A big shout out this week to one of my newfound girlfriends whom I met along my way to marathon. Not only is she fabulous, she gave me this week's blog idea! See what happens when you give me feedback, my sisters? It comes back to you ten fold.
As my cyber sisters know I am currently training for the NYC marathon in November 2012 and girl is my ass tired. Why just this past Sunday a 23km left me feeling like Wonderwoman.
Recall my sisters that Wonderwoman first appeared in All Star Comics #8 in 1941. She was likely around 20 years of age which puts our Wondersister around her 91st birthday. Bitch likely needs a hip replacement. And so on Monday morning I can honestly say I felt like a 91 year old superhero in need of an artificial joint of some kind.
But I digress.
All this running has got me thinking. A girl has no choice to engage her brain when you are spending hours on the road Forrest Gump style.
Like my outfits and choices in hair colours, I have good runs and bad ones. But I could not help but notice that some of these variations do indeed coincide with THAT TIME OF THE MONTH.
In other words, not only does my female cycle delegate my moods and my shopping habits- it also tends to influence how my rubber meets the road.
This very concept takes me back to my first ever running group in 2004. I should preface this by saying that running tends to bring out the most personal of conversations. I find the conversations held in running groups to be more intimate than those held in therapy sessions.
Don’t believe me? Try this one at home. Put a group of people together and make them run a 20km course. At about 8km in you will find that the talk invariably turns to body parts in some way.
Put a group of women in that same scenario and inevitably you have a full on discussion of our monthly bill, so to speak.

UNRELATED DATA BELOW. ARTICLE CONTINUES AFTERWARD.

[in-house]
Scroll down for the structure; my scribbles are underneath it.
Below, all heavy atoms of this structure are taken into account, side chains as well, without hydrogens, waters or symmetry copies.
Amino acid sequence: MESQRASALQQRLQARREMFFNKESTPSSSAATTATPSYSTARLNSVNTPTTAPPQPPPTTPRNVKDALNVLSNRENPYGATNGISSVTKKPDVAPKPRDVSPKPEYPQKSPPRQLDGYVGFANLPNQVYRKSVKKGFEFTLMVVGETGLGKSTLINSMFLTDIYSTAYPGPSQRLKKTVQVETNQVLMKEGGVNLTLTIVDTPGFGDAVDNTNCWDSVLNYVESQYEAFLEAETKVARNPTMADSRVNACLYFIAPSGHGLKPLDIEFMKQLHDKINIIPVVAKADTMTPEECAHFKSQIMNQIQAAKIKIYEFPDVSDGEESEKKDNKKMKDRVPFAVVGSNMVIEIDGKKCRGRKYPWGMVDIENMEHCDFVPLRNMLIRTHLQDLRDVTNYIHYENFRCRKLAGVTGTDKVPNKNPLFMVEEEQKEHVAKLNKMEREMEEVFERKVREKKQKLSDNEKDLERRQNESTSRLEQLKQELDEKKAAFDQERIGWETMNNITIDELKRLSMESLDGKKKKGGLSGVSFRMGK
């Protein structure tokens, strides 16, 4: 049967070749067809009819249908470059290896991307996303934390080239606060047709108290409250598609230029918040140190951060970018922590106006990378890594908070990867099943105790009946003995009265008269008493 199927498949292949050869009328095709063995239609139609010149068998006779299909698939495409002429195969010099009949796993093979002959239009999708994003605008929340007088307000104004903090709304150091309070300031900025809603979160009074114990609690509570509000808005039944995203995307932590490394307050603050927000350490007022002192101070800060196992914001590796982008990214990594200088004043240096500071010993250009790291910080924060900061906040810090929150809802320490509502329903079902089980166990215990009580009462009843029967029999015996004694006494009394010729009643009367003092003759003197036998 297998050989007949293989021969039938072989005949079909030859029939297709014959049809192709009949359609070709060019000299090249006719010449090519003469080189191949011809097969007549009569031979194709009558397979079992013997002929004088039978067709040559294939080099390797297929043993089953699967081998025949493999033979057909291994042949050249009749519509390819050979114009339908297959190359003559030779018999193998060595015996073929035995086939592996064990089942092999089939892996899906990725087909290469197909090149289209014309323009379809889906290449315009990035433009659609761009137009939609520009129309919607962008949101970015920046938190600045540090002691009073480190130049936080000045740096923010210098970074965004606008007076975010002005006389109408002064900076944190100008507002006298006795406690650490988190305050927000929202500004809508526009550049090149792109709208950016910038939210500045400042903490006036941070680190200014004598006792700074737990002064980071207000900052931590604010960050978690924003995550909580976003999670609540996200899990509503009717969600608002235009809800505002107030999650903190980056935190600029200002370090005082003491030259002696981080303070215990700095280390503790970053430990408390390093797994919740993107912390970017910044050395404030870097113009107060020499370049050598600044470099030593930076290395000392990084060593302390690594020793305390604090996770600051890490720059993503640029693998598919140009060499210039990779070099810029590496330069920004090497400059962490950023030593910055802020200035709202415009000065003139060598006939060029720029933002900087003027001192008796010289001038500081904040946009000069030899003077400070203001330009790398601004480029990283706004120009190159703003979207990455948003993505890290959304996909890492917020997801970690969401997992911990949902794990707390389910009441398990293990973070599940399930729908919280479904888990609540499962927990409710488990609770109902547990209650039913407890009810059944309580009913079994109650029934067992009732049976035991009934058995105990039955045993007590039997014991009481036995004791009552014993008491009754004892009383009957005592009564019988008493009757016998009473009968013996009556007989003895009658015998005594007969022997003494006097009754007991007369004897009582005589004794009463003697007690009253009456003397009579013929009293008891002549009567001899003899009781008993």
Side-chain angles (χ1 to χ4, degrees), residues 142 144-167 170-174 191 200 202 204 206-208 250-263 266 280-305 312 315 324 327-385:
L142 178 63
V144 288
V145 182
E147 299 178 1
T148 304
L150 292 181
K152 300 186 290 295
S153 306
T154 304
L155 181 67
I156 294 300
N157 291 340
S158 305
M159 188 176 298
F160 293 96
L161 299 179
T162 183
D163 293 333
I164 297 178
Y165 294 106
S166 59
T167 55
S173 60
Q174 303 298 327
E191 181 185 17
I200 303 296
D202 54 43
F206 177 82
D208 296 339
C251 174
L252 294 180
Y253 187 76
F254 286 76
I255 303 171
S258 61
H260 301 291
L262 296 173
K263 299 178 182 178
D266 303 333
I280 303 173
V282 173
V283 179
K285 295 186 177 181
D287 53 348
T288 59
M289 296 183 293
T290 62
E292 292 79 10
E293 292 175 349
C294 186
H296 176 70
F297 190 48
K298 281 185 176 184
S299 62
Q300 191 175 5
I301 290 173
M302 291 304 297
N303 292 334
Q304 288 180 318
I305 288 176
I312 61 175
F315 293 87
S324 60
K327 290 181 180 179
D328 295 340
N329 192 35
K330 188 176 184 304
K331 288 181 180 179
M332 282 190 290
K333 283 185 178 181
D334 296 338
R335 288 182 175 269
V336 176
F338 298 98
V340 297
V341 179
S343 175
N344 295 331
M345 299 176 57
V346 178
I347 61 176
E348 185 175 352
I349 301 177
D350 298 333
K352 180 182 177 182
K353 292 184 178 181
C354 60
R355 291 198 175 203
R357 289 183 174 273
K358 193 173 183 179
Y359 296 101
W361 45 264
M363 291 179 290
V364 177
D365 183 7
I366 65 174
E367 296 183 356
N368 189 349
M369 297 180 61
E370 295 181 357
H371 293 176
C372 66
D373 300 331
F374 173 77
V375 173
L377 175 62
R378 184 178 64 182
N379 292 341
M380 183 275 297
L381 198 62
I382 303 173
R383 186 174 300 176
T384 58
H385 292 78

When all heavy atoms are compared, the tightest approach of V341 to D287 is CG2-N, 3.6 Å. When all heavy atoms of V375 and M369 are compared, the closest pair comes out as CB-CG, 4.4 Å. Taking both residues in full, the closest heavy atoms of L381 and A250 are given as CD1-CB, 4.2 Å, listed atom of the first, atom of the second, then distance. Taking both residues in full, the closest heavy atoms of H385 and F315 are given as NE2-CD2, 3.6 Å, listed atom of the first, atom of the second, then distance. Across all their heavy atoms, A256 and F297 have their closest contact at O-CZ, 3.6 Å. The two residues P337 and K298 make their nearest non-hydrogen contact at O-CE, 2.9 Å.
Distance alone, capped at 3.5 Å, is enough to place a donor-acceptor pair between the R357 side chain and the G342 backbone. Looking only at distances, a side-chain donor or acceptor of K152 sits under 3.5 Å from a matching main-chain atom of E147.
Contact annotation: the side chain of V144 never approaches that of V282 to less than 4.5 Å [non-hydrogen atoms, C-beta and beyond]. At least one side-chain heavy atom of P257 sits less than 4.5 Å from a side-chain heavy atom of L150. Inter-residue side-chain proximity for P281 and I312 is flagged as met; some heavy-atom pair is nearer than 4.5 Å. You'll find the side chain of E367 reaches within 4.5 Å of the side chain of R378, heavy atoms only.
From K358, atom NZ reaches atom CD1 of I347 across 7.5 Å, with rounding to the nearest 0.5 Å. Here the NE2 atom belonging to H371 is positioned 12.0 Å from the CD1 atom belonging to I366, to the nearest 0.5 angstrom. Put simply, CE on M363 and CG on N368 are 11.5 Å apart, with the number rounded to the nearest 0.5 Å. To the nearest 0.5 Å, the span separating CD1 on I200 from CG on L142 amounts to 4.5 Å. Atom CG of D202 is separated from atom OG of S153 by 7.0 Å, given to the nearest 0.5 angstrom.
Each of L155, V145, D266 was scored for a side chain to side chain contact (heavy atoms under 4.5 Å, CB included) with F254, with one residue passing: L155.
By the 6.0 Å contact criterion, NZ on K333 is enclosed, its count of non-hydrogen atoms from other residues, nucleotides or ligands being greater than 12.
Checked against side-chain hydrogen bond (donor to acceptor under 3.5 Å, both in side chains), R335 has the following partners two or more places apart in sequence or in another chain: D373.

And so it was on a recent 22km run around Vancouver a couple of weeks ago. I was not there of course- I, like a cheetah- run alone. But my beloved likes to run with a group of delightful women from Vancouver, Ireland and New Zealand (you know who you are ladies- he thinks you are fab and finds your accents rather charming).
And so he returned from his Sunday morning long run with a question I had not expected to hear.
“Sweetie- the girls want to know what the effects of their period is on their running.”
And just like that, I had a Tuesday morning topic.
Having been involved in a few races in my time- I could speak to my personal take on the issue. I personally LOVE getting my period the morning of a triathlon. The next two hours are going to be grueling anyway- why not add sanitary napkins to the problem? I mean nothing says challenge like a tampon in you wet suit. No? Am I being too visual my girlfriends? Just tell me and I will back off.
In fact such a question is ever so timely with the Summer Olympics descending upon us.
My sisters will recall how much I LOVED Vancouver 2010. I cried like a girl at the whole ceremony of it all. London 2012 I suspect will have the same effect on me. There I will sit along with a collective world and hope for the best as individuals unite in the strength of their spirits and the power of sport and silence the world’s troubles for a few brief moments.
But I wonder? Will any of those female athletes get their period during those 16 days? And if she does…. Will it cost her the gold?
Let’s review the menstrual cycle for those of us who don’t have one or those of us who slept through high school biology….
There are four phases to a woman’s menstrual cycle that lasts on average 28 days.
Day 1-6 is the Menstrual Phase- insert blood here. The uterine wall sheds and well you feel like your pelvis is broken and everyone around you is annoying as hell.